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Crispins current position over Contact GEO (go to Expedition website for full tracking map with dispatches).
"After yesterday morning's very light winds we finally got some decent northeasterlies around lunchtime and which have carried pretty much through the night," dispatches Crispin. Live image of a lunch catch, over Contact 3.0 courtesy of the sailor.
After Tropical storm Delta things calmed down - literally. All wind died down and Crispin had two sub-100 mile days and two consecutive nights of little sleep with sail work looking for wind. Live image over Contact 3.0, courtesy of Crispin.
"One of the reasons for wanting to 'bank' some sleep hours is the forecast. Another tropical storm is developing to my north and is expected to move southwards over the next two days. By Thursday it is expected to have reached 23' latitude, only some 300 miles to my north," dispatches the sailor. Forecast courtesy of NOAA.
"Bit hard to get it up singlehanded - but there it is!" Live image over Contact 3.0 only 5 minutes ago!

Crispin Latymer after the storm: "Trade winds - don't make me laugh"

Posted: Dec 06, 2005 04:22 pm EST
(TheOceans.net) When Crispin Latymer embarked on a solo transatlantic sail from Las Palmas (Canary Islands) to Barbados on the 27th of November, he ran straight into tropical storm Delta: This is the worst Ive ever seen, Crispin told ExWeb over satellite phone, his voice shaking from the experience. I ripped down all the sails and just waited, he said.

Crispin later dispatched: "When it arrived, I measured 50 knots on deck! By 03.00hrs the movement of the boat made moving around below dangerous and any attempt to go on deck plain mad. I was pretty grateful when dawn arrived following the wind shift at 04.00hrs. The site outside was awesome with 25 ft waves supplemented with rogue leviathans at over 30ft and breakers were everywhere."

Calm after the storm

"I decided that, on balance, the worst was over and triple reefed both headsail and Genoa and set off southwestwards on the back of the northwesterly and which was still blowing over 30 knts. Early on we were more under water than on top really but, without question, it was fantastic sailing at up to 9.5 knts between over and down great big fast moving trains of waves."

"That memory will stay with me for a long time as I had a huge grin on my face when not being hit in it by foaming water pouring down the deck. Incidentally, it may have been called a TROPICAL storm but the water certainly wasn't, dispatched Crispin."

After that - things calmed down - literally. All wind died down and Crispin had two sub-100 mile days and two consecutive nights of little sleep with sail work looking for wind.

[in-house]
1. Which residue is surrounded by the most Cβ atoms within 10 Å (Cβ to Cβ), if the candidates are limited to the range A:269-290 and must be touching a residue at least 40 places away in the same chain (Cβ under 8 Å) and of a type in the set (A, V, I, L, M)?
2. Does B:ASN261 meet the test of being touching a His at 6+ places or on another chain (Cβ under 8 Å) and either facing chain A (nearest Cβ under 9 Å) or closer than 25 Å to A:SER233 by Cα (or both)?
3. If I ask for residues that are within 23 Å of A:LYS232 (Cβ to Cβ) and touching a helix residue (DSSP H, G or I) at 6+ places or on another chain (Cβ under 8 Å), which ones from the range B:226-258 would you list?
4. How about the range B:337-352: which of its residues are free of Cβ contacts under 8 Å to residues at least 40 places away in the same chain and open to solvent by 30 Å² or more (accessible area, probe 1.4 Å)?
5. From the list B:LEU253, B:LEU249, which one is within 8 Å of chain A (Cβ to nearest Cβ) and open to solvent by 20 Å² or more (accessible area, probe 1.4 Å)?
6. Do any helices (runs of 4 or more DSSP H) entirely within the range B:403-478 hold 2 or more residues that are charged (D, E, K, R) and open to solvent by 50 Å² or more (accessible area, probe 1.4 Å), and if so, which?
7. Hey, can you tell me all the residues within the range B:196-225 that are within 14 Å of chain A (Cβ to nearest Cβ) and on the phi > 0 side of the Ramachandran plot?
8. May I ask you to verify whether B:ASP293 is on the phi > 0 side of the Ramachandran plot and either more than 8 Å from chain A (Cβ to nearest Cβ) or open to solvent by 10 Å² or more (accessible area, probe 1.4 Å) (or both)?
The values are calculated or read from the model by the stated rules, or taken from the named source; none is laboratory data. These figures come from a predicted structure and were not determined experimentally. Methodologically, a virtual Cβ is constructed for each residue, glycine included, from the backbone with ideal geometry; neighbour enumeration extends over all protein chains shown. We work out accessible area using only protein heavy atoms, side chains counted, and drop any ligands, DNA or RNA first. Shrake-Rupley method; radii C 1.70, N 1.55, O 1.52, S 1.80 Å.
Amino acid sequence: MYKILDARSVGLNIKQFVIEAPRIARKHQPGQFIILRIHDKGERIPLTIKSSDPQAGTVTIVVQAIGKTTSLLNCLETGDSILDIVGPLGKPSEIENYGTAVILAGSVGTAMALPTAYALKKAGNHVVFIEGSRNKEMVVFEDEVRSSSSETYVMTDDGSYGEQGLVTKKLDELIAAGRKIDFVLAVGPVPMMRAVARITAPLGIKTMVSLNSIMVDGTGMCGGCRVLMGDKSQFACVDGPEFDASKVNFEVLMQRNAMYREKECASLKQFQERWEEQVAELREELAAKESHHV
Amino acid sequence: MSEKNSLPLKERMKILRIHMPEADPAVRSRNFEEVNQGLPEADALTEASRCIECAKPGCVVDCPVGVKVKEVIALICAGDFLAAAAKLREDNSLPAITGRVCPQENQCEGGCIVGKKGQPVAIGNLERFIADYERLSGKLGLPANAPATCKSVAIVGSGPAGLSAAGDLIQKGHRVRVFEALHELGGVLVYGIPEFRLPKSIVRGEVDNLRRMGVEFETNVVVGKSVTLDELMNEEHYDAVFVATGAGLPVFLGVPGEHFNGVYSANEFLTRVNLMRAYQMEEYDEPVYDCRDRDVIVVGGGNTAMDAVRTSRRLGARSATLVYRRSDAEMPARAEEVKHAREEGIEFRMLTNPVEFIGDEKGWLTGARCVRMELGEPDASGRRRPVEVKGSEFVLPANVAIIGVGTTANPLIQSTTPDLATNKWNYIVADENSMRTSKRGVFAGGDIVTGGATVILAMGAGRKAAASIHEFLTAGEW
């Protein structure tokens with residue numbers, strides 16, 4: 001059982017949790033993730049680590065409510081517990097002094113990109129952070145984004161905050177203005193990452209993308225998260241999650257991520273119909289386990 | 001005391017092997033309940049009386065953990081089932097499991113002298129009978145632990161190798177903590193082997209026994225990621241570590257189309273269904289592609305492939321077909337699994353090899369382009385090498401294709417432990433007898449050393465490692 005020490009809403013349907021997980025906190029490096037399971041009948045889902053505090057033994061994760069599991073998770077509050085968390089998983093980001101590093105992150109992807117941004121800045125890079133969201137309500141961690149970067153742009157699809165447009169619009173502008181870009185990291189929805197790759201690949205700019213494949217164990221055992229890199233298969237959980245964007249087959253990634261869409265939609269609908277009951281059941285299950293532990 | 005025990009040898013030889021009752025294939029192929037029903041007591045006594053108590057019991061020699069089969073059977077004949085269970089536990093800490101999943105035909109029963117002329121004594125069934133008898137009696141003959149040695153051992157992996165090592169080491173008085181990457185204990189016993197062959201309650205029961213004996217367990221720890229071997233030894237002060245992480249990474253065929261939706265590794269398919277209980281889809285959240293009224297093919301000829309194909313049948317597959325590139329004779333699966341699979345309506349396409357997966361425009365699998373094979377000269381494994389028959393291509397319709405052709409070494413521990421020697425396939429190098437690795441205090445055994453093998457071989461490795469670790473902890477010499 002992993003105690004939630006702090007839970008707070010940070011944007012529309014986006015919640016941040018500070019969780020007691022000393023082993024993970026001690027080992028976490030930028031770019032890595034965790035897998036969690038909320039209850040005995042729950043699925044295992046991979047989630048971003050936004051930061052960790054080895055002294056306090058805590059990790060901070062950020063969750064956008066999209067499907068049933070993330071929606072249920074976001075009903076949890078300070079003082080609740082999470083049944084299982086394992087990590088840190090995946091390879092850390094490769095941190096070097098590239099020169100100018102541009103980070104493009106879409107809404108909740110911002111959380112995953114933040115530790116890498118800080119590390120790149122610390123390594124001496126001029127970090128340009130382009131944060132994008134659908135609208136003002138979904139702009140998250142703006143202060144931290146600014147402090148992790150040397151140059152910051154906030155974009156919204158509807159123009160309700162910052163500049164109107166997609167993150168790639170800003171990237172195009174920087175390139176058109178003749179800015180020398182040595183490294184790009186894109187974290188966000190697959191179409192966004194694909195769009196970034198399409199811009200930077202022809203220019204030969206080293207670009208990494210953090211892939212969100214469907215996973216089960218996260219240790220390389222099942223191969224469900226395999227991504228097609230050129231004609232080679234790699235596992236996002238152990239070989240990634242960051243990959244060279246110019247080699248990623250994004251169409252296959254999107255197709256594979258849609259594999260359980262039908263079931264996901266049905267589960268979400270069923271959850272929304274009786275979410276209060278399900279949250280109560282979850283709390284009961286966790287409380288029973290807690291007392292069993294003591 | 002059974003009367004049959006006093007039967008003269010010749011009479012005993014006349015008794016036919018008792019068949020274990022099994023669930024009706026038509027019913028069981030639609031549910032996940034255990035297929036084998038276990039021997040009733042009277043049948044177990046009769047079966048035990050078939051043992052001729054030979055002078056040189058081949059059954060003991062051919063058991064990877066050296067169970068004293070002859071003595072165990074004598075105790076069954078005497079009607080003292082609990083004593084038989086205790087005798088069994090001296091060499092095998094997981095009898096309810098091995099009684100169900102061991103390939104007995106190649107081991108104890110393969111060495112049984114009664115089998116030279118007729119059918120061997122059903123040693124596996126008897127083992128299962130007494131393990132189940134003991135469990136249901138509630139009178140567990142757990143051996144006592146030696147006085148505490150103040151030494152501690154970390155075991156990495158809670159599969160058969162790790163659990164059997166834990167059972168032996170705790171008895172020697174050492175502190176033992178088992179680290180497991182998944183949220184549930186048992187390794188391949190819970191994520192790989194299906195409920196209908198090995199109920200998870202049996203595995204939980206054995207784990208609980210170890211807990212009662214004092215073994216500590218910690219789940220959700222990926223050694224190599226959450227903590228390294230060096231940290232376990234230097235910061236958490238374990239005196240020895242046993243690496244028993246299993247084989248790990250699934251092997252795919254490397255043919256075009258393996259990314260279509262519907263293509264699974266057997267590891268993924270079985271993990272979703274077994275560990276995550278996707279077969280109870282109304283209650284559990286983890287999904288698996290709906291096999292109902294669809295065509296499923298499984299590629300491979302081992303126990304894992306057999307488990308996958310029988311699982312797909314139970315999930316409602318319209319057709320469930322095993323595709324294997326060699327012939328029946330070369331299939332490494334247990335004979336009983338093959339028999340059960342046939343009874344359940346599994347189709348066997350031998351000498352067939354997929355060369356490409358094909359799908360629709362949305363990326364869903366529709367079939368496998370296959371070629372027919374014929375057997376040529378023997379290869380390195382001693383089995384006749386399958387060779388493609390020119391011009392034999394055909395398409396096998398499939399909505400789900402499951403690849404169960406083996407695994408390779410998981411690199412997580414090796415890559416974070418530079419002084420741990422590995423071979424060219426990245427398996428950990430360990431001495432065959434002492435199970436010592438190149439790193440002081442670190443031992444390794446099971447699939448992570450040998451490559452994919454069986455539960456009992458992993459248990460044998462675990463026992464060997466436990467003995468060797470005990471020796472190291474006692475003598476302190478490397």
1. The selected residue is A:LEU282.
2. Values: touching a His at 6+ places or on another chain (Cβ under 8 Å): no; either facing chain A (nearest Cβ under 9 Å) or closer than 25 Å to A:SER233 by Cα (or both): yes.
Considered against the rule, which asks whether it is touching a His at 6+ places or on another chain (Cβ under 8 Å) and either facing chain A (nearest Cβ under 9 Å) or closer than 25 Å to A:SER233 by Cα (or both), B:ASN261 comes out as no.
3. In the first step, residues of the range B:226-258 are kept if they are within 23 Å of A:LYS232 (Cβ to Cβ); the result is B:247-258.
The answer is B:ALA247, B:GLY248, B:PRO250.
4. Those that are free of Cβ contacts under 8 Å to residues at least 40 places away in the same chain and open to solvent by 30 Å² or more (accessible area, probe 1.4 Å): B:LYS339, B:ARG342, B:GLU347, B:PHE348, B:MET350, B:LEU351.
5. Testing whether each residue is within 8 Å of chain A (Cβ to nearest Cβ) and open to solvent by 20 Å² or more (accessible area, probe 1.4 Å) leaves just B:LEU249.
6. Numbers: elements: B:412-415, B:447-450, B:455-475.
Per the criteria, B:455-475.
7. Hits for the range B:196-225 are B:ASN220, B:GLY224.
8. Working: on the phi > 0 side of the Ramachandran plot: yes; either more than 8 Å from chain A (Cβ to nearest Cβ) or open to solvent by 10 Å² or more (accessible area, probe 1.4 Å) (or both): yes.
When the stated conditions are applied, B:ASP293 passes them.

Fathom sailed herself majestically all night

But today, Crispin is back on track, dispatching: "After yesterday morning's very light winds we finally got some decent northeasterlies around lunchtime and which have carried pretty much through the night."

"As dusk fell we were surfing again at over 8 knots under full sail and I contemplated staying up through much of the night to capitalize. However, after the last two nights of zephyr chasing I was just too tired so shortened sail and got my head down for the best 7hrs night's sleep of the trip. Fathom sailed herself majestically all night dropping below 5 knots only just before dawn."

Another tropical storm is developing

"One of the reasons for wanting to 'bank' some sleep hours is the forecast. Another tropical storm is developing to my north and is expected to move southwards over the next two days. By Thursday it is expected to have reached 23' latitude, only some 300 miles to my north."

"So long as it comes no further south, all I should pick up is 24 hours of headwinds and some level of storm surge. Whilst both are boring, uncomfortable and slowing to progress, neither should be anywhere near the same level as Delta last week. However, not only does it seem prudent to grab sleep when offered but yesterday I also tacked onto a more southerly course to get more distance between myself and 23'N. I will be speaking with the weather guys in London daily for the next three days and will advise on any expected changes."

"For the moment the weather has yet again become light winds with some quite large looking squalls coming up astern - full wet weather kit in the cockpit just in case and not back to full sail in the event of severe gusts. Trade winds - don't make me laugh."

Check Crispin's website (links section to your left) for more details.

The 50-year old former investment banker had dreamed of this sail since his rowing days at Oxford. However, it would be another 28 years before it became a reality: like many adolescent plans the siren call of city life smothered my intentions, writes Crispin on his website.


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